The myBoxTone Expert application works on any Java-enabled BlackBerry smartphone running BlackBerry handheld OS v4.2 or higher, though v4.3 is required to utilize the screen capture functionality, according to BoxTone. The app should function on any BlackBerry device from the 8700 series to the latest RIM smartphones.
myBoxTone Expert also works on devices that use BlackBerry Internet Service (BIS) instead of BES, though many of the advanced features are designed to help BlackBerry administrators resolve the problems of enterprise users.
Administrators who want to deploy the app over the air (OTA) via BES will need to be using BES v.4.0 or higher.
The application is expected to go on sale November 10, and it will sell for roughly $2,000 for a 100-seat license. Every additional 100 users will cost another $1000.
It’s difficult to adequately judge the effectiveness of myBoxTone Expert at this point for a number of reasons. First off, it’s clear that application is still in beta and needs a bit of work. For example, when I installed the app on my BlackBerry 8820, the bottom quarter of the home screen was cut off, and I couldn’t see the memory card metrics that were supposed to be there.
Secondly, there’s no real way to test the suggested issue resolution instructions, because you’d need actual problems to solve to gauge the effectiveness. The application does let you simulate issues and view resolution details, but there’s no easy way to determine how the recommended solutions work without creating real issues–something I was not willing to do for the purposes of this article.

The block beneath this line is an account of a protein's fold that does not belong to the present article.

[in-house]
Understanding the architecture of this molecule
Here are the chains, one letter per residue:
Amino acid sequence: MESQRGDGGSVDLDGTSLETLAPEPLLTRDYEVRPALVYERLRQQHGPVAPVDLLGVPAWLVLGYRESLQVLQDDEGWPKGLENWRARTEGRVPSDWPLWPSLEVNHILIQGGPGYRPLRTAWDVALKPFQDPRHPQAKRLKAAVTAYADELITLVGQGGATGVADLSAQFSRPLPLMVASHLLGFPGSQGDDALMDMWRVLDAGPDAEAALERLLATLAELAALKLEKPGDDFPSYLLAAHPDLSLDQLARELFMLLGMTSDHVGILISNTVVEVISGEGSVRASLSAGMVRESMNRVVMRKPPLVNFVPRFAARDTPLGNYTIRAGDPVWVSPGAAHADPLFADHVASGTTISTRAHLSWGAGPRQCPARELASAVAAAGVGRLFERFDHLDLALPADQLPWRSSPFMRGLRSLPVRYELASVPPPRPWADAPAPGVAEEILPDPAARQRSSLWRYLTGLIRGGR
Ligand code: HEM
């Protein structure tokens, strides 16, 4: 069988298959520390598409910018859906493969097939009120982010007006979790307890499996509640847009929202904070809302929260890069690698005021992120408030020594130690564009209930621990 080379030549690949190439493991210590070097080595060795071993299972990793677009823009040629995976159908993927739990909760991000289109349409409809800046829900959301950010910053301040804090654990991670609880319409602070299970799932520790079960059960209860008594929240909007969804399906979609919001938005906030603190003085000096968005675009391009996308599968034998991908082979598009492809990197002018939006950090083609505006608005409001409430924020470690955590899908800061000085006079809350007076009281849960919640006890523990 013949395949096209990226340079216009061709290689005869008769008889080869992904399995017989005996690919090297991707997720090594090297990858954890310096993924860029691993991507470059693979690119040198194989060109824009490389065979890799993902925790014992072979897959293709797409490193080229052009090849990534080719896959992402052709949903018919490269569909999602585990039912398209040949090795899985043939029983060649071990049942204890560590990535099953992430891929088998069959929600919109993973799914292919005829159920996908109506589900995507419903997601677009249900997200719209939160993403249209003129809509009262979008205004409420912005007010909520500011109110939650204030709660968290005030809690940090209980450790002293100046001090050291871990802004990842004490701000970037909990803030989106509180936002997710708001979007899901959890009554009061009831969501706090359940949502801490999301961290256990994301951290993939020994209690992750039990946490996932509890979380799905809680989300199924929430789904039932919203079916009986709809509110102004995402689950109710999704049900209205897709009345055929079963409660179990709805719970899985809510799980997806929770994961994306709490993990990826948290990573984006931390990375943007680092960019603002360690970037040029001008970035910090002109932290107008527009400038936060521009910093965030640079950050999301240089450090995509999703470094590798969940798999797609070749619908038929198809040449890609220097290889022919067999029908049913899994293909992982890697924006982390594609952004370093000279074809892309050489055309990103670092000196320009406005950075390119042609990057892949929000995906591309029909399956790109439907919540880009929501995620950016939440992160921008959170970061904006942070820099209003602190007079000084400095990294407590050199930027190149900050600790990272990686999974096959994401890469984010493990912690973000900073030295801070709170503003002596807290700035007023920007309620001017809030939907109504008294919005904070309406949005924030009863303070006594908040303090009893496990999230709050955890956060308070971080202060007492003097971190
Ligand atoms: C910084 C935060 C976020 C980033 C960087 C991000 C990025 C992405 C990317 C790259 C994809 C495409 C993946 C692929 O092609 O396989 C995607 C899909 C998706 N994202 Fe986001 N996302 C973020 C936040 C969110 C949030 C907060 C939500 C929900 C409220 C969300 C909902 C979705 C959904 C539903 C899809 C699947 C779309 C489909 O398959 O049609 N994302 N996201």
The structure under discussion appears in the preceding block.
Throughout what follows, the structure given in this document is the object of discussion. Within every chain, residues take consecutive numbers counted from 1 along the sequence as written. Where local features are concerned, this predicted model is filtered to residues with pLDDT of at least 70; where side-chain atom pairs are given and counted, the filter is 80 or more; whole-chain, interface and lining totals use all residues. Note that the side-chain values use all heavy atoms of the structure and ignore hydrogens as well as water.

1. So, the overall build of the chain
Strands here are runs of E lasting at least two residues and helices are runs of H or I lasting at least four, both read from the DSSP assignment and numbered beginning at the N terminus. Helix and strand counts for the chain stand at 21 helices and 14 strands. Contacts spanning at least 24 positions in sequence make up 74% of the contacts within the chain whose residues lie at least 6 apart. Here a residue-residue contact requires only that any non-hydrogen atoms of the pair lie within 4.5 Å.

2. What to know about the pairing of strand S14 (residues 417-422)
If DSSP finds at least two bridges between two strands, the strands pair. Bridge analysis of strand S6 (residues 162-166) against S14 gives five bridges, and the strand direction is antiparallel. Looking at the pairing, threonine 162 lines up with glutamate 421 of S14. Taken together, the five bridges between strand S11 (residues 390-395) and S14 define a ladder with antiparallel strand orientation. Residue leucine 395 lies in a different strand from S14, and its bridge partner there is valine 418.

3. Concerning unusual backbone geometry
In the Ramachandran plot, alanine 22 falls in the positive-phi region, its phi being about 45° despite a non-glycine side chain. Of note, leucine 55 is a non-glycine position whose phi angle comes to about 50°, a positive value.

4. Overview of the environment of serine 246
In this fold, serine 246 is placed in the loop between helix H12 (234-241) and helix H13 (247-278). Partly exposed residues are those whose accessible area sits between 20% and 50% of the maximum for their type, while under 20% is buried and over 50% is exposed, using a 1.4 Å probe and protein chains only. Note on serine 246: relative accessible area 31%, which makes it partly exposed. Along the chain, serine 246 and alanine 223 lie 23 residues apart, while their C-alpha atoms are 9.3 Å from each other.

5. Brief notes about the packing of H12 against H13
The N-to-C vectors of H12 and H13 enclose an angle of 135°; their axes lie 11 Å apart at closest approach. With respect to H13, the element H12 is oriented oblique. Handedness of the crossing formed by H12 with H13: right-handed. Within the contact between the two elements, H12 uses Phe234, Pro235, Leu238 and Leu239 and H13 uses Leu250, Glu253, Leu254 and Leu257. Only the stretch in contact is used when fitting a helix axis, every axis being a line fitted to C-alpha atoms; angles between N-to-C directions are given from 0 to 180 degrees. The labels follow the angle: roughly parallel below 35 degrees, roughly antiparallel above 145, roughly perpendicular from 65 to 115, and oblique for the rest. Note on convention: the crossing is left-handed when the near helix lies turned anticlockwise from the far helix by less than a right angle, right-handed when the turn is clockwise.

Some of the resolution instructions provided also appear to describe the simplest ways to fix issues, but not necessarily the most effective. For instance, after simulating the Card Memory Full warning, I was instructed to go into my media application and delete images one by one to free up memory. This could take a substantial chunk of time. The best way to quickly delete images or other media is to simply connect your BlackBerry to a PC and use RIM’s Desktop Manager software to delete all the images you want to remove in one fell swoop.
Overall, the application delivers on its promise to help BlackBerry users address and possibly resolve their own issues, and its ability to send screen shots and various BlackBerry diagnostics is sure to reduce the time it takes for IT to fix problems that users can’t on their own. myBoxTone Expert has the potential to be a particularly valuable tool for organizations that deploy many BlackBerrys to novice or less-tech-savvy users.
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Al Sacco was a journalist, blogger and editor who covers the fast-paced mobile beat for CIO.com and IDG Enterprise, with a focus on wearable tech, smartphones and tablet PCs. Al managed CIO.com writers and contributors, covered news, and shared insightful expert analysis of key industry happenings. He also wrote a wide variety of tutorials and how-tos to help readers get the most out of their gadgets, and regularly offered up recommendations on software for a number of mobile platforms. Al resides in Boston and is a passionate reader, traveler, beer lover, film buff and Red Sox fan.